On our way to this location, we had passed a trailhead along the main road that looked promising, so we headed back down for a look. Being a weekday, it was not very crowded, so we hiked in and we were so glad we did. Las Conchas Trail is an absolutely gorgeous hike along the East Fork of the Jemez River with fantastic rock outcrops and a mix of meadows and conifers all along its length. Elevation here is about 8400 ft but the hike is an easy 4 mile (out and back) stroll with plenty of natural beauty to observe.
The water is crystal clear and allowed us some great fish watching. At a few points along the trail we saw groups of these fish (I believe they are Rio Grande Suckers) in what is probably spawning behavior. Groups of smaller ones (presumably males) in an area, sometimes moving gravel in the stream bottom, and then converging on a larger individual when it would come into the picture (I guess that is a female). We sat at one spot and watched them for about 20 minutes as they glided back and forth in the creek.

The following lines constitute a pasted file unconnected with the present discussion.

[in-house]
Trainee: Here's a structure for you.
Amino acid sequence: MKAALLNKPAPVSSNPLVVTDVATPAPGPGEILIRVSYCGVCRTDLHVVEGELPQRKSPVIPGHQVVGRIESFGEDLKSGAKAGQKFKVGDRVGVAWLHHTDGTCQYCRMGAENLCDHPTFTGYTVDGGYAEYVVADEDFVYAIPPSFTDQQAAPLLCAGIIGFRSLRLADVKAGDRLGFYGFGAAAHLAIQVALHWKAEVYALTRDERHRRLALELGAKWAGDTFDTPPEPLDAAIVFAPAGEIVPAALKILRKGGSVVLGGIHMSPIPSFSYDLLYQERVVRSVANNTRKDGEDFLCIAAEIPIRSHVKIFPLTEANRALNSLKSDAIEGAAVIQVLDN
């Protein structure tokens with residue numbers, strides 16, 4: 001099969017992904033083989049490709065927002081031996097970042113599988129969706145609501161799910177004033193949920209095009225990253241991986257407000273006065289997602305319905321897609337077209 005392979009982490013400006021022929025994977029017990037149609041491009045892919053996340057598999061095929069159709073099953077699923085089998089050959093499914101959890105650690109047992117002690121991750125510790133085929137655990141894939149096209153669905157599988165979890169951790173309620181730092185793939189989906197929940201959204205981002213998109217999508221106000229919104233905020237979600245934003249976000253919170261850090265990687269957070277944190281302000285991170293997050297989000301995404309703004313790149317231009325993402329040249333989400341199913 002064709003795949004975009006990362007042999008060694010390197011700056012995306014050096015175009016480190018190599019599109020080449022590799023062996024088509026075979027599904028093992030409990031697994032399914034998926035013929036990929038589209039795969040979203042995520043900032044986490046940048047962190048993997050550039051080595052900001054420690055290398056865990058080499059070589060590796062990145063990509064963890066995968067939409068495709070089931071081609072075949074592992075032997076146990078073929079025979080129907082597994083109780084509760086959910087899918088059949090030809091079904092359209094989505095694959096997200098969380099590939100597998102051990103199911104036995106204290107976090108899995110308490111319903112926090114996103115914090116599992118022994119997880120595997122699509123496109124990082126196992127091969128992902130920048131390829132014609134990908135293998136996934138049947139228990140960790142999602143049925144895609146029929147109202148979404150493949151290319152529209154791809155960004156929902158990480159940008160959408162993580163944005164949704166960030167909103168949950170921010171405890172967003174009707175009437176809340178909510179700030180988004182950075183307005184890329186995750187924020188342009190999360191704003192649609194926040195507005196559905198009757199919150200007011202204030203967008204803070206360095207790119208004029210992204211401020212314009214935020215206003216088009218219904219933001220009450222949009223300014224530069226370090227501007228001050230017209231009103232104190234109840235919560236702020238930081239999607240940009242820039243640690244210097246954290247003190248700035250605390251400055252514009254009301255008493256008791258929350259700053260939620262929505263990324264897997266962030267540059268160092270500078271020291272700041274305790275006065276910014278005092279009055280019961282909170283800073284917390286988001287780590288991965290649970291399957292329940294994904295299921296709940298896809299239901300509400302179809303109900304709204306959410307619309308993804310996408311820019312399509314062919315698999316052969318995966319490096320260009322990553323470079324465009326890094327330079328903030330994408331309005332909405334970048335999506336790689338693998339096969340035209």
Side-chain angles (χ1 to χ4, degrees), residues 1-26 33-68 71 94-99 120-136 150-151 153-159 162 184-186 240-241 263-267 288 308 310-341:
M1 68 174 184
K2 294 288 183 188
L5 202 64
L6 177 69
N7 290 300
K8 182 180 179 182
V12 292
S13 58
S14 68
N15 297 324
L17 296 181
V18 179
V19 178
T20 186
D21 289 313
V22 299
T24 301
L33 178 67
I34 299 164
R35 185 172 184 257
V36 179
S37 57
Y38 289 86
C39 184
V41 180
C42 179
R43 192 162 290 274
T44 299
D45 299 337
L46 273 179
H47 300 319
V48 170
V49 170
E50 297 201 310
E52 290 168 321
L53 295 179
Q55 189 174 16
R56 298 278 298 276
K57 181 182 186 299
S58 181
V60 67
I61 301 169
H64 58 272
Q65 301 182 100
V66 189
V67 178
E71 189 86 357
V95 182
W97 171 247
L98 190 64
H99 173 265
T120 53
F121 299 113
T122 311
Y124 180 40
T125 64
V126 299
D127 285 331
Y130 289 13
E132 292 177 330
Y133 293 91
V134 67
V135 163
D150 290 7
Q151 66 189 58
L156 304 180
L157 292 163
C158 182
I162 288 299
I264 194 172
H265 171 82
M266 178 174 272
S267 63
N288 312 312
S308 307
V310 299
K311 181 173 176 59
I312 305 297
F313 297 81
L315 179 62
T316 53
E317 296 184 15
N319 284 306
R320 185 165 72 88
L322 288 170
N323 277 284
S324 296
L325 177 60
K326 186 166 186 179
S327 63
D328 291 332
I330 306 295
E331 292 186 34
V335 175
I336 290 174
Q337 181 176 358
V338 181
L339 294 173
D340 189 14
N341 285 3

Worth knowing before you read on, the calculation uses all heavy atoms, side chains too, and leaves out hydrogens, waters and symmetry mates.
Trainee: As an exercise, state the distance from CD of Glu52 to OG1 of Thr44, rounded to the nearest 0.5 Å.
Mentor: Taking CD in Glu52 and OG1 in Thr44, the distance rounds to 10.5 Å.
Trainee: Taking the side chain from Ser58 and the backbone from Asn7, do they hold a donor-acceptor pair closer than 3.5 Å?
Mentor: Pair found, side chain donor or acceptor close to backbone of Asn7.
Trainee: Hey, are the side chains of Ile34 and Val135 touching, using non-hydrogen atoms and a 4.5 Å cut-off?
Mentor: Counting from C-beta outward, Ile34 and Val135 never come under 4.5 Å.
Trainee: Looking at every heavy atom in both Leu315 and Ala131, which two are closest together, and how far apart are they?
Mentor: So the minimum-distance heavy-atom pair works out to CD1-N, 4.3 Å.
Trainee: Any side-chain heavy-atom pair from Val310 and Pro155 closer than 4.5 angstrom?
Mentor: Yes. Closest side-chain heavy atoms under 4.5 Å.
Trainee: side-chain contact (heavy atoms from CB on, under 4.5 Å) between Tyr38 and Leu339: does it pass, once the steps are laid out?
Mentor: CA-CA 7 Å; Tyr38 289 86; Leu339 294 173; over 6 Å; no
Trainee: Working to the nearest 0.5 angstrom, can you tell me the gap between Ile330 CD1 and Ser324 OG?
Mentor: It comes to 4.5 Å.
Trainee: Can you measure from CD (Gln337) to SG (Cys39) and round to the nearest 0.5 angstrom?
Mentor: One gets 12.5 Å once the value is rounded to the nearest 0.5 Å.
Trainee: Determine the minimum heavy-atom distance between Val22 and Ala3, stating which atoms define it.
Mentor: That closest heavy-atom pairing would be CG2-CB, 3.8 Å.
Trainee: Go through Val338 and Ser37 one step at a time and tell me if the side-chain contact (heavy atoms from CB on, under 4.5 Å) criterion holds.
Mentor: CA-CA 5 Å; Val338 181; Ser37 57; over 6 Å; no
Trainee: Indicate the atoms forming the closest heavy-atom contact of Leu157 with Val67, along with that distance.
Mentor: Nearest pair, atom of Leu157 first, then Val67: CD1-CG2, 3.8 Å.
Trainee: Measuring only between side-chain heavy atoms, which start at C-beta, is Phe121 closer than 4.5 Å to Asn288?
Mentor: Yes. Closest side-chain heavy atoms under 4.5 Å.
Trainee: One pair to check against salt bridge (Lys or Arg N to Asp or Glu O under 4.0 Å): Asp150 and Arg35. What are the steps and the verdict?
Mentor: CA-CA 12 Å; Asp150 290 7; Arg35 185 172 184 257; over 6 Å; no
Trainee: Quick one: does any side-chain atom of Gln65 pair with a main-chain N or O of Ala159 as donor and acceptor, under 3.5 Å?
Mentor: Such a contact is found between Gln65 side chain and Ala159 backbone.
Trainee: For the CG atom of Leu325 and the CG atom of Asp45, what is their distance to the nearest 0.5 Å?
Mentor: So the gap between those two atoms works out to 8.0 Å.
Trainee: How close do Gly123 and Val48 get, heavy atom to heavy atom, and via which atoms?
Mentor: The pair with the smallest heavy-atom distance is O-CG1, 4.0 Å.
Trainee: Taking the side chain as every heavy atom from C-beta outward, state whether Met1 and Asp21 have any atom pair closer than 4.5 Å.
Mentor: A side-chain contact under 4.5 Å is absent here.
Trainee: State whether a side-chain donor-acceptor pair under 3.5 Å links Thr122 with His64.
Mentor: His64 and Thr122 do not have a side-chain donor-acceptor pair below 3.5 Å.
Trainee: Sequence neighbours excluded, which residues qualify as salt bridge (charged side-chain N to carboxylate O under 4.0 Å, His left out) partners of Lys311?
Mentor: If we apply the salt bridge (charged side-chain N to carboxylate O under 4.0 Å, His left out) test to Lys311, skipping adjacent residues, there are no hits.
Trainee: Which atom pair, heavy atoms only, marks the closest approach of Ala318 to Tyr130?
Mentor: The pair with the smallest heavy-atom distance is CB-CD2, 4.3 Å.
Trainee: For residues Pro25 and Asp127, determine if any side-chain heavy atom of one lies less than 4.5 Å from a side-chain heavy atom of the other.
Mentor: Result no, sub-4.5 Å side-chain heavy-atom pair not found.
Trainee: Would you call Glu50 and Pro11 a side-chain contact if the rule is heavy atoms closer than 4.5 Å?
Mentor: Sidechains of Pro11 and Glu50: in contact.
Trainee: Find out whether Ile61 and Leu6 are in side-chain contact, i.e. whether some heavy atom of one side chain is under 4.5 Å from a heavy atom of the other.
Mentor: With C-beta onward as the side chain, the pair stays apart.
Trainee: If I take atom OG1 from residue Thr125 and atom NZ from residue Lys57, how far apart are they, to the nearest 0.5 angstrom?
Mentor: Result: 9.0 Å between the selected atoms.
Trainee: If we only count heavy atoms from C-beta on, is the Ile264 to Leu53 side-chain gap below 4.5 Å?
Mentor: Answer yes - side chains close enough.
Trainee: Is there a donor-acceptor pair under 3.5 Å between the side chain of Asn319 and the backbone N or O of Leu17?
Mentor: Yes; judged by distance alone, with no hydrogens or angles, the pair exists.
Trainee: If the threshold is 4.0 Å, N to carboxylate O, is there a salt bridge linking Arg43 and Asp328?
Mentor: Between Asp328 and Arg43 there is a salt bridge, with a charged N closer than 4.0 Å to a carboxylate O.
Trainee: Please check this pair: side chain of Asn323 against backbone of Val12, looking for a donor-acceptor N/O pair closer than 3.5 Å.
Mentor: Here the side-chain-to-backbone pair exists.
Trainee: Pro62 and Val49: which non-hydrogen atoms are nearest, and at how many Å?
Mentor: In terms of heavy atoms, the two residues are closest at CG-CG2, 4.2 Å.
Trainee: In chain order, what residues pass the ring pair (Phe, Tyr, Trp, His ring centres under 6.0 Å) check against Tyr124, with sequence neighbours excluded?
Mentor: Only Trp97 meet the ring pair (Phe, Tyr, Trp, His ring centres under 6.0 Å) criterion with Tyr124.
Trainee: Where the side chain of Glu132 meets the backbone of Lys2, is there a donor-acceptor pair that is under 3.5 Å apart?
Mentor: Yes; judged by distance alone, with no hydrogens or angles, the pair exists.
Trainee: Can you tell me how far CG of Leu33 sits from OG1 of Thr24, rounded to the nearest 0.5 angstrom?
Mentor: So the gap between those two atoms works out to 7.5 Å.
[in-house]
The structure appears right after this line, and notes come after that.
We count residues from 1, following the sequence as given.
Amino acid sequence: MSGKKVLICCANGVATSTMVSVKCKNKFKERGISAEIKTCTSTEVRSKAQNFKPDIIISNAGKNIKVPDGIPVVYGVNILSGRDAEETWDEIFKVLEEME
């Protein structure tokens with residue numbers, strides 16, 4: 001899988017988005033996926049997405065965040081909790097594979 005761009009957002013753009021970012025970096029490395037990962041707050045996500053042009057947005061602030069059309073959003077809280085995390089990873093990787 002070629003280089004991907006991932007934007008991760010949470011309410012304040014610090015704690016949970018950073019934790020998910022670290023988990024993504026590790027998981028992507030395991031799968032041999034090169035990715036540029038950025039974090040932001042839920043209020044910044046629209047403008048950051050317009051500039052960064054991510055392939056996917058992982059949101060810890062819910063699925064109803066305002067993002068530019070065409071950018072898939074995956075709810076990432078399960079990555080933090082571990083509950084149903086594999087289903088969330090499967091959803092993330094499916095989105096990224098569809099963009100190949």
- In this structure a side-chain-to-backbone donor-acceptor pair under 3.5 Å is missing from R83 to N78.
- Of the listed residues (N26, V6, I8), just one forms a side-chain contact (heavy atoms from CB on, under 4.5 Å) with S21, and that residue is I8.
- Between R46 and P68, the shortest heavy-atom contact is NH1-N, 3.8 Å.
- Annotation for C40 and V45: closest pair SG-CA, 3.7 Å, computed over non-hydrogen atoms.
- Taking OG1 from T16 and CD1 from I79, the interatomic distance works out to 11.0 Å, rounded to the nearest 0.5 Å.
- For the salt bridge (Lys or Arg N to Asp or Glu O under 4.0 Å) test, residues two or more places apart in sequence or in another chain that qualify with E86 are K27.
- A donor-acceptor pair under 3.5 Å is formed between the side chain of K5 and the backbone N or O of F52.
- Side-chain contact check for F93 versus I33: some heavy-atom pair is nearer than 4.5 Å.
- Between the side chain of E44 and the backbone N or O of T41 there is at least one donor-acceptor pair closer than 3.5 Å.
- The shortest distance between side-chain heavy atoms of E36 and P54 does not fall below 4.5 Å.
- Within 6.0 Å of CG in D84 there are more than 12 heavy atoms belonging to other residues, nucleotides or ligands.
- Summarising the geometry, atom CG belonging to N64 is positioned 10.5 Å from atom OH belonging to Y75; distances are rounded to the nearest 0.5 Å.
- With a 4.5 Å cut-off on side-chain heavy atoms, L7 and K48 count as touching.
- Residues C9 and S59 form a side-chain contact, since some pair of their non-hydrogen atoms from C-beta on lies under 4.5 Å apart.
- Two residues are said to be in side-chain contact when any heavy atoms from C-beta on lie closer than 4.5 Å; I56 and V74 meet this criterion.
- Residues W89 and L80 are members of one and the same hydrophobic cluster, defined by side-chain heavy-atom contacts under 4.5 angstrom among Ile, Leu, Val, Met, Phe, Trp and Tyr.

The next morning we were in line at the gate of Valles Caldera to secure one of the back country road passes. Most of the people in line were fishermen, although I was later amazed at how tiny the creeks were that these folks were trying to catch trout in. This is one of the newest NPS units, having been officially turned over to the Federal Government in 2014. The terrain reminded us of parts of Yellowstone with vast mountain meadows and conifers. The landscape was shaped by a massive volcanic eruption about 1.25 million years ago followed by a collapse of the volcano (the caldera). Like Yellowstone, early people were drawn to this area for the abundant wildlife and obsidian which was used and widely traded for projectile points and other tools. The land was granted to private ranchers in the late 1800’s and for decades was an active cattle and sheep ranch and used for logging, hunting, geothermal energy exploration, and more. Preserve managers are now working to restore the natural processes n this unique ecosystem.
After spending a couple of days in the high mountains, we packed up and headed into the dry desert environments of Grand Staircase Escalante National Monument, a vast and amazing land that offer such a different take on the West. The beauty and strange (to us) landscapes of Arizona and Utah await…